The term cross-platform refers to applications, formats, or devices that work on different platforms. For example, a cross-platform programming environment enables a programmer to develop programs for many platforms at once.

Short for Plug and Play, a technology developed by Microsoft and Intel that supports plug-and-play installation. PnP is built into the Windows 95 operating system, but to use it, the computer's BIOS and expansion boards must also support PnP.

Pop-Up Utility
A program installed to be memory resident so that you can always execute it by pressing a special key, called a hot key. When you press the hot key, the pop-up utility appears, regardless of which application you are currently running. When you exit the pop-up utility, the system returns you to your previous program.

In DOS systems, pop-up utilities are also called TSRs.

An executing program. The term is used loosely as a synonym of task.

To perform some useful operations on data.

Real Time
Occurring immediately. The term is used to describe a number of different computer features. For example, real-time operating systems are systems that respond to input immediately. They are used for such tasks as navigation, in which the computer must react to a steady flow of new information without interruption. Most general-purpose operating systems are not real-time because they can take a few seconds, or even minutes, to react.

Real time can also refer to events simulated by a computer at the same speed that they would occur in real life. In graphics animation, for example, a real-time program would display objects moving across the screen at the same speed that they would actually move.

To restart a computer. In DOS, you can reboot by pressing the Alt, Control and Delete keys simultaneously. This is called a warm boot. You can also perform a cold boot by turning the computer off and then on again.

On Macs, you reboot by selecting the "Restart" option from the Special menu.

(1) Generally, any item that can be used. Devices such as printers and disk drives are resources, as is memory.

(2) In many operating systems, including Microsoft Windows and the Macintosh operating system, the term resource refers specifically to data or routines that are available to programs. These are also called system resources.

(1) In networks, a section of a network that is bounded by bridges, routers, hubs, or switches. Dividing an Ethernet into multiple segments is one of the most common ways of increasing bandwidth on the LAN. If segmented correctly, most network traffic will remain within a single segment, enjoying the full 10 Mbps bandwidth. Hubs and switches are used to connect each segment to the rest of the LAN.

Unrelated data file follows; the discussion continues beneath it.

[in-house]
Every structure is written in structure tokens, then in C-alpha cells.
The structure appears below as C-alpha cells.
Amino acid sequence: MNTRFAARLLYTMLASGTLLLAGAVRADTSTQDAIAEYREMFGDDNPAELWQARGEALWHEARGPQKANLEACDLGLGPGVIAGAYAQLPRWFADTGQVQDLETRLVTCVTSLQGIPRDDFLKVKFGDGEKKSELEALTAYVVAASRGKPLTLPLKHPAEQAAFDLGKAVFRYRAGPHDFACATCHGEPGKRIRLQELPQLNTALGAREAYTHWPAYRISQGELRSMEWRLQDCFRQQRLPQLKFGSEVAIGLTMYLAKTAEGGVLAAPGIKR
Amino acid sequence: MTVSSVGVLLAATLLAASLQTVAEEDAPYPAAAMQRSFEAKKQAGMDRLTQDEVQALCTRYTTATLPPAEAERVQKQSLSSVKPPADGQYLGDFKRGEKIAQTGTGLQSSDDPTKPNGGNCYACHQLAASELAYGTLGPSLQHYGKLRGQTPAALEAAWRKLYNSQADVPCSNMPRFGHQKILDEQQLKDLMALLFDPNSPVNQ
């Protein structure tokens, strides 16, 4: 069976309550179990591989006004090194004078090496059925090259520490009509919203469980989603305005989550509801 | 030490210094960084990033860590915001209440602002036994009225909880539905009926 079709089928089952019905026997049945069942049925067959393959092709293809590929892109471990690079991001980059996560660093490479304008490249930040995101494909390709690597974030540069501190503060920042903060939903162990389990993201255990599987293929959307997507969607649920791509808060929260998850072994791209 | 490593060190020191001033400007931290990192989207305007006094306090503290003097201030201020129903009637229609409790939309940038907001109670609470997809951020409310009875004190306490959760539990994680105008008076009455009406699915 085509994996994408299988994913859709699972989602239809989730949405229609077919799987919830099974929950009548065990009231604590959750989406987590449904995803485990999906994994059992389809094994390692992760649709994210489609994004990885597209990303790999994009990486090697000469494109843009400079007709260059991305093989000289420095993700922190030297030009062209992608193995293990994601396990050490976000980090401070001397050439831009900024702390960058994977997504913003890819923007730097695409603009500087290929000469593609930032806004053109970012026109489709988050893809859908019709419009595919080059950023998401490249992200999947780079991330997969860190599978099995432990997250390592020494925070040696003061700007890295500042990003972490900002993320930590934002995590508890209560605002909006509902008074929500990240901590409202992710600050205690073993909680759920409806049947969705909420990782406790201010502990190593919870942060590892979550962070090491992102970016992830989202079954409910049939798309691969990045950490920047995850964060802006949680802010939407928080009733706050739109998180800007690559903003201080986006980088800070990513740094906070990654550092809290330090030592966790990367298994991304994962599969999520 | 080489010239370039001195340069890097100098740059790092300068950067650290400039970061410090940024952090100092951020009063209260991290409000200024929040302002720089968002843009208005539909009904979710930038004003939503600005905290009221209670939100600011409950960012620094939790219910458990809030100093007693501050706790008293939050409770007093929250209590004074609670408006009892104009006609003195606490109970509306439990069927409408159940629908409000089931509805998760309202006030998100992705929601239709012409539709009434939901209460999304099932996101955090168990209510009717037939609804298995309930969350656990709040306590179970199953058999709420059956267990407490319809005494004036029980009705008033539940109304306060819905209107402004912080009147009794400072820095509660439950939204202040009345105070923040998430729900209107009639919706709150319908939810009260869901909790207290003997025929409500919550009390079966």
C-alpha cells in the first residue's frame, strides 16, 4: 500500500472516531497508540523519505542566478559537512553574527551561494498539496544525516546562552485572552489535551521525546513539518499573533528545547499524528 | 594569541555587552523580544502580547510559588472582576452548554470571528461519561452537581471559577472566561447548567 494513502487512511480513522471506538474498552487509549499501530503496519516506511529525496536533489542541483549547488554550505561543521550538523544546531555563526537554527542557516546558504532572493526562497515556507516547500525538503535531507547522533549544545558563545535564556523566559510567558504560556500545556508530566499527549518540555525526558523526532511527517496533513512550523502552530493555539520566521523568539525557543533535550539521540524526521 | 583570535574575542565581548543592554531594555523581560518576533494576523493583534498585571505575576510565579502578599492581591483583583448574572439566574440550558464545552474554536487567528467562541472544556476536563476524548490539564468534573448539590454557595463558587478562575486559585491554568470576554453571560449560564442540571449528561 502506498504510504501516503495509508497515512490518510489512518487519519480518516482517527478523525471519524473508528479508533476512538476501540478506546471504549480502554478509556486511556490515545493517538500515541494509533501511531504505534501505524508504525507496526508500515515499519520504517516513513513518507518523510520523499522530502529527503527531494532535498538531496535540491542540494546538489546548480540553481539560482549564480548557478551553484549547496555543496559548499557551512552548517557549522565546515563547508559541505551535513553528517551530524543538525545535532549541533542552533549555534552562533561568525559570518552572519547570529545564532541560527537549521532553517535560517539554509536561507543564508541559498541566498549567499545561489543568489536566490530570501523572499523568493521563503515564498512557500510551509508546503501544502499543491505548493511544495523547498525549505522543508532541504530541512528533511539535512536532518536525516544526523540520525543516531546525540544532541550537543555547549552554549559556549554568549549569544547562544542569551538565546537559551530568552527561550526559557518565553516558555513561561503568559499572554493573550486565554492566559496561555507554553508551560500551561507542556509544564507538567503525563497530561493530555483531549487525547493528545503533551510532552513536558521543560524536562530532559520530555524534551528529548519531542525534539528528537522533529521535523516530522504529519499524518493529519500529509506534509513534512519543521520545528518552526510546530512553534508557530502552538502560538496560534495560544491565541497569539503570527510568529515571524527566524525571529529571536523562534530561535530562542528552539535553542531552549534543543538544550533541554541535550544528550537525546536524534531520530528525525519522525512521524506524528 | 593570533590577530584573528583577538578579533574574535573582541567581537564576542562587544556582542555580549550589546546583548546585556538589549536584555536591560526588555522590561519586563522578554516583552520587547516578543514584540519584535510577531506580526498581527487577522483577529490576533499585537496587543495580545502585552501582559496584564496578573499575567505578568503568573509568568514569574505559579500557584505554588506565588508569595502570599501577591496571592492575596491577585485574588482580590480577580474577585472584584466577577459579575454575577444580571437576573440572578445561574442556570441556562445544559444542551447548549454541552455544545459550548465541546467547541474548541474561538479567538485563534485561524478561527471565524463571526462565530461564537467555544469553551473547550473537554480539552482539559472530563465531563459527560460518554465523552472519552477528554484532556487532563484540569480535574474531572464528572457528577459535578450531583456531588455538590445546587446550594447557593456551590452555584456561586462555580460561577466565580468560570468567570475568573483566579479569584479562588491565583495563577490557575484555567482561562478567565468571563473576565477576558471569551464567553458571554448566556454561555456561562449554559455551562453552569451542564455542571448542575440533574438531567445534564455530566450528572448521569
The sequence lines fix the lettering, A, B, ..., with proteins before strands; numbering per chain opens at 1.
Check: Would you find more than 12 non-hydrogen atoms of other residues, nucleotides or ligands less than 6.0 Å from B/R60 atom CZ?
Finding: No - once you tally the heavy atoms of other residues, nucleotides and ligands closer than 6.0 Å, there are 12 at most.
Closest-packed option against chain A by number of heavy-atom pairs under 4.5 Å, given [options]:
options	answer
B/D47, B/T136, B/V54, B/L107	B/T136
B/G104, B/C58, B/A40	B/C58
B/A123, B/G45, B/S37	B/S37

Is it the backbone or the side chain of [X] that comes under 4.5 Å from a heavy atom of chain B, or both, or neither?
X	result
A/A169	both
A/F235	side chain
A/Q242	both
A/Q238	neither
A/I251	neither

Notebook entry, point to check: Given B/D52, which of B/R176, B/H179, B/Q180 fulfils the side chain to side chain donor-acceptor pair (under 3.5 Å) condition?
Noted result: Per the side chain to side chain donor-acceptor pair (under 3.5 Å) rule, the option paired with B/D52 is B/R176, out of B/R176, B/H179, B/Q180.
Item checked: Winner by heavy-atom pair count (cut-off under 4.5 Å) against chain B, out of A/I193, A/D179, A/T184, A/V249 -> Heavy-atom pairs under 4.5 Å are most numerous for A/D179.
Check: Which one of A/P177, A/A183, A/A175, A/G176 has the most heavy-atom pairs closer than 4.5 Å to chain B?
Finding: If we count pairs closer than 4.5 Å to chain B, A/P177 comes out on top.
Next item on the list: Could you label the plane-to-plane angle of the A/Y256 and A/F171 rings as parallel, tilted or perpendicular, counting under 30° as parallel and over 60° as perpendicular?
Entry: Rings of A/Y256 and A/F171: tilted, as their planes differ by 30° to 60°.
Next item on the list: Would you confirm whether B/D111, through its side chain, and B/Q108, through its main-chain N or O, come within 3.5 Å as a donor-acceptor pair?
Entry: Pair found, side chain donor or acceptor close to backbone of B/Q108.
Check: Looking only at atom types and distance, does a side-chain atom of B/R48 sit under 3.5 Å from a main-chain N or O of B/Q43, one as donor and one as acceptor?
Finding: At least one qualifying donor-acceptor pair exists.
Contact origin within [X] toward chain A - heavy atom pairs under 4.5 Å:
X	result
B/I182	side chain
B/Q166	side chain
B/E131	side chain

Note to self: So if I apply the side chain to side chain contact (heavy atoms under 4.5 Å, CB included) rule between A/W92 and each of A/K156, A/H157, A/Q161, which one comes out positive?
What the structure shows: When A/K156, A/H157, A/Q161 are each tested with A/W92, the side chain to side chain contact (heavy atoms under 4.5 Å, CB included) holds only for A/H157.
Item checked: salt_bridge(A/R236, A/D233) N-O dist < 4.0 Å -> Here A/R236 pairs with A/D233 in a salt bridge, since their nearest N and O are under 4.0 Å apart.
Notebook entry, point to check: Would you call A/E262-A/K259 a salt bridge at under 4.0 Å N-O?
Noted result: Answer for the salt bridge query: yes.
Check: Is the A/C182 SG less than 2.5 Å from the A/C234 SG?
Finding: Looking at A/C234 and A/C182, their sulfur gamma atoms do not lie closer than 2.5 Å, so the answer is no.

(2) In virtual memory systems, a variable-sized portion of data that is swapped in and out of main memory. Contrast with page.

(3) In graphics, a piece of a polyline, which is a fixed-sized portion of data.

(1) The outermost layer of a program. Shell is another term for user interface. Operating systems and applications sometimes provide an alternative shell to make interaction with the program easier. For example, if the application is usually command driven, the shell might be a menu-driven system that translates the user's selections into the appropriate commands.

(2) Sometimes called command shell, a shell is the command processor interface. The command processor is the program that executes operating system commands. The shell, therefore, is the part of the command processor that accepts commands. After verifying that the commands are valid, the shell sends them to another part of the command processor to be executed.

UNIX systems offer a choice between several different shells, the most popular being the Cshell, the Bourne shell, and the Korn shell. Each offers a somewhat different command language.

(1) Short for Symmetric Multiprocessing, a computer architecture that provides fast performance by making multiple CPUs available to complete individual processes simultaneously (multiprocessing). Unlike asymmetrical processing, any idle processor can be assigned any task, and additional CPUs can be added to improve performance and handle increased loads. A variety of specialized operating systems and hardware arrangements are available to support SMP. Specific applications can benefit from SMP if the code allows multithreading.

SMP uses a single operating system and shares common memory and disk input/output resources. Both UNIX and Windows NT support SMP.

(2) Short for Simple Management Protocol, another name for SNMP2. SNMP2 is an enhanced version of the Simple Network Management Protocol (SNMP) with features required to support larger networks operating at high data transmission rates. SNMP2 also supports multiple network management workstations organized in a hierarchical fashion.